Fraud Auditing, Detection, and Prevention Blog

Principles or Rules for Fraud Auditing?

Jun 15, 2023 6:39:42 PM / by Leonard W. Vona

In accountancy, there are frequent discussions about a principle-based approach to GAAP vs. a rule-based approach. That is an equally valid discussion for fraud auditing. As you read, I hope you will reflect on whether a principle or a rule-based approach would be of more benefit to your organization.

In last month's blog post, we discussed some of the guiding principles of fraud auditing. In this month’s blog we focus on the rules that would correspond with the principles.

Answers to last month’s Trivia

In what year was the first record of an audit being performed?

I will provide two answers:

As early as the 5th and 4th centuries BC, both the Romans and Greeks devised careful systems of checks and counterchecks to ensure the accuracy of their reports. In English-speaking countries, records from the Exchequers of England and Scotland (1130) have provided the earliest written references to auditing. Source Britannica    

Modern auditing began in 1844 when the British Parliament passed the Joint Stock Companies Act. For the first time, the act required that directors report to shareholders via an audited nancial statement, the balance sheet. Source Lavneet Bansal

Which US State was the first to create the designation of Certified Public Accountant, CPA. In what year? New York State, April 17, 1896. It was called a Certificate of Public Accountancy.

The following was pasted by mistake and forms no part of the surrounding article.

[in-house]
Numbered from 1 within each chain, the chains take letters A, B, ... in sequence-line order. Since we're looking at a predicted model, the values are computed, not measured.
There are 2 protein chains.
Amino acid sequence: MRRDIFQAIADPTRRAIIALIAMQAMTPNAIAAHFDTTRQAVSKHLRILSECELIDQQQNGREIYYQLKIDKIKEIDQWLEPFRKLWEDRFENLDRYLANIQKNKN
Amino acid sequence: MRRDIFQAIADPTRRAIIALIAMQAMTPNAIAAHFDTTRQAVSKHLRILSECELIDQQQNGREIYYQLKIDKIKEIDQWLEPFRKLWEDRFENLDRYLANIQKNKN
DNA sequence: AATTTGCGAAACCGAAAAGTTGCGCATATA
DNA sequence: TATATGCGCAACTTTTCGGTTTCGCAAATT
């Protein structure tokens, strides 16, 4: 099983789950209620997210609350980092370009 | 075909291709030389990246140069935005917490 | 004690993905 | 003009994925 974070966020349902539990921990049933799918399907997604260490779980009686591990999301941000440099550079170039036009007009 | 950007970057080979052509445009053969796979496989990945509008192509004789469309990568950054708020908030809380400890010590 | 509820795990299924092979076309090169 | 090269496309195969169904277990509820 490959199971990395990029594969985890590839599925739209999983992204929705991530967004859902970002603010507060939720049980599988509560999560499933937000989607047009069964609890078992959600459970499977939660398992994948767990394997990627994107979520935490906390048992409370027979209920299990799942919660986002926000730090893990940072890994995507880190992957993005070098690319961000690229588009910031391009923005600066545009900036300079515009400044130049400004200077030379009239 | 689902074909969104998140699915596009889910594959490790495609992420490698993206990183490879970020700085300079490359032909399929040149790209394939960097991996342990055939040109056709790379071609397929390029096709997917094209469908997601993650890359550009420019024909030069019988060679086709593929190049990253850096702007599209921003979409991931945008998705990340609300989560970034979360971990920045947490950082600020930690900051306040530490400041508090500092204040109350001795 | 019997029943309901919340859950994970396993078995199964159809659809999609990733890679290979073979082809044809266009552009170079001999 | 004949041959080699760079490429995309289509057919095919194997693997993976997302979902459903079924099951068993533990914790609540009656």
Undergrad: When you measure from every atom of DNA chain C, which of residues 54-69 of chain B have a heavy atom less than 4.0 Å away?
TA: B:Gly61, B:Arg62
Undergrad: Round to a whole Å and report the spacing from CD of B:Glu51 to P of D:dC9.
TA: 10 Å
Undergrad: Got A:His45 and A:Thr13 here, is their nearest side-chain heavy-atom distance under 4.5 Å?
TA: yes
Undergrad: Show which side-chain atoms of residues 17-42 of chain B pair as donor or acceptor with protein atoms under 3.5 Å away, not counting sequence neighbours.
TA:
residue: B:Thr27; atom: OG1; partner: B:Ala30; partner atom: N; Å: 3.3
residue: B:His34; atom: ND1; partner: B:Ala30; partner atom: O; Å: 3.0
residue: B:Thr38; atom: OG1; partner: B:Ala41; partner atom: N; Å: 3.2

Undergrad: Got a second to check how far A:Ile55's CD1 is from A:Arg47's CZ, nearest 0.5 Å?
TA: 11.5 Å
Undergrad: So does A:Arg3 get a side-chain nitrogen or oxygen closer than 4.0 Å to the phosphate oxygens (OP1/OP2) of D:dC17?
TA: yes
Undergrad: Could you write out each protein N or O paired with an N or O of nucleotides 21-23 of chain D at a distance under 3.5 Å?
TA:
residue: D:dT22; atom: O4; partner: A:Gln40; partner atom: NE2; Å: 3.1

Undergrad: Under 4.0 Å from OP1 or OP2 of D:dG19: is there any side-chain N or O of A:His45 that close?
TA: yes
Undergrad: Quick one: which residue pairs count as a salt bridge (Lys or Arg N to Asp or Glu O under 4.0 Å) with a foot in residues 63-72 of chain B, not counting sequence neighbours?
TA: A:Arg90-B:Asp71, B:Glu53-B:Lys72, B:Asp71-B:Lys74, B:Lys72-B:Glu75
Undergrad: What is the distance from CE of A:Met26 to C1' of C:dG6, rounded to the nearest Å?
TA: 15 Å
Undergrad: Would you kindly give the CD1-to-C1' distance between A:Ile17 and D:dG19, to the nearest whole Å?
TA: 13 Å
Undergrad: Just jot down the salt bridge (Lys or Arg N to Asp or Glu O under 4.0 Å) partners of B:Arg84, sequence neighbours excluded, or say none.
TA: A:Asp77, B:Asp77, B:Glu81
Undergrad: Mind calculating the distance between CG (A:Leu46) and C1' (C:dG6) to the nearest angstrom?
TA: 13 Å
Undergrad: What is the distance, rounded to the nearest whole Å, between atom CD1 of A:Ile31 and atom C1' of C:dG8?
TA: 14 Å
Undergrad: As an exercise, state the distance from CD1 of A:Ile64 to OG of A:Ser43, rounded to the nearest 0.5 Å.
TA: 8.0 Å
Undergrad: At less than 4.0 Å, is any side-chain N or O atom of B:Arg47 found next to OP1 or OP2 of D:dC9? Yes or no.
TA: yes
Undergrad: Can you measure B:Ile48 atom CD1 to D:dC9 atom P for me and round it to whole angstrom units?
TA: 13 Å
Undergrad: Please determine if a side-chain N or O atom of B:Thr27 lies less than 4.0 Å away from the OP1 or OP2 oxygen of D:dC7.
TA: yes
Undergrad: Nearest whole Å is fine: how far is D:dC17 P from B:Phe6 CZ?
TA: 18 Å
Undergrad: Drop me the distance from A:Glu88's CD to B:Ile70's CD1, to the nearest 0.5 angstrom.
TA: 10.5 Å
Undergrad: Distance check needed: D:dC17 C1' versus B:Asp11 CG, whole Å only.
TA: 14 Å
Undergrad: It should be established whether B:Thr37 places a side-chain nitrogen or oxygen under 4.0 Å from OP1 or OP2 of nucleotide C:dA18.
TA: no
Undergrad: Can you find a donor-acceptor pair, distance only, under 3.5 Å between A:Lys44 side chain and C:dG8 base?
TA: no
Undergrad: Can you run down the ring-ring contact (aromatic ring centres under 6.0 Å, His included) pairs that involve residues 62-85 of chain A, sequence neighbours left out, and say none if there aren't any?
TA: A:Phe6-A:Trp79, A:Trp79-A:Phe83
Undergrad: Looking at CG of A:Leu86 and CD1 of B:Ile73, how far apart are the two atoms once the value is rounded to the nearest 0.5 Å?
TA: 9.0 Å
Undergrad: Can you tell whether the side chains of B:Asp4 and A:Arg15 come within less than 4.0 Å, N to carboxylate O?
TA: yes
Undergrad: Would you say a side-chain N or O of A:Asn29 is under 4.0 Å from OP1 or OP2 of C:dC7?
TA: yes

What was the name of the first person to receive an NYS CPA license? Frank Broaker has license # 1.

What was the name of the first person to pass the CPA exam? Joseph Hardcastle, who would go on to become an accounting theorist and an NYU Professor.

In what year were calculators allowed for use in the CPA exam? 1994, Yes, I passed the exam without a calculator. 

In Australia, what does the designation CPA stand for? Certified Practicing Accountant

In 1887, the American Association of Public Accountants was created. What is the primary purpose of the organization? Here goes a history lesson: The American Institute of Certified Public Accountants (AICPA) and its predecessors have a history dating back to 1887 when the American Association of Public Accountants (AAPA) was formed. In 1916, the American Association was succeeded by the Institute of Public Accountants, when there was a membership of 1,150. The name was changed to the American Institute of Accountants in 1917 and remained so until 1957 when it changed to its current name of the American Institute of Certified Public Accountants. The American Society of Certified Public Accountants was formed in 1921 and acted as a federation of state societies. The Society was merged into the Institute in 1936 and, at that time, the Institute agreed to restrict its future members to CPAs.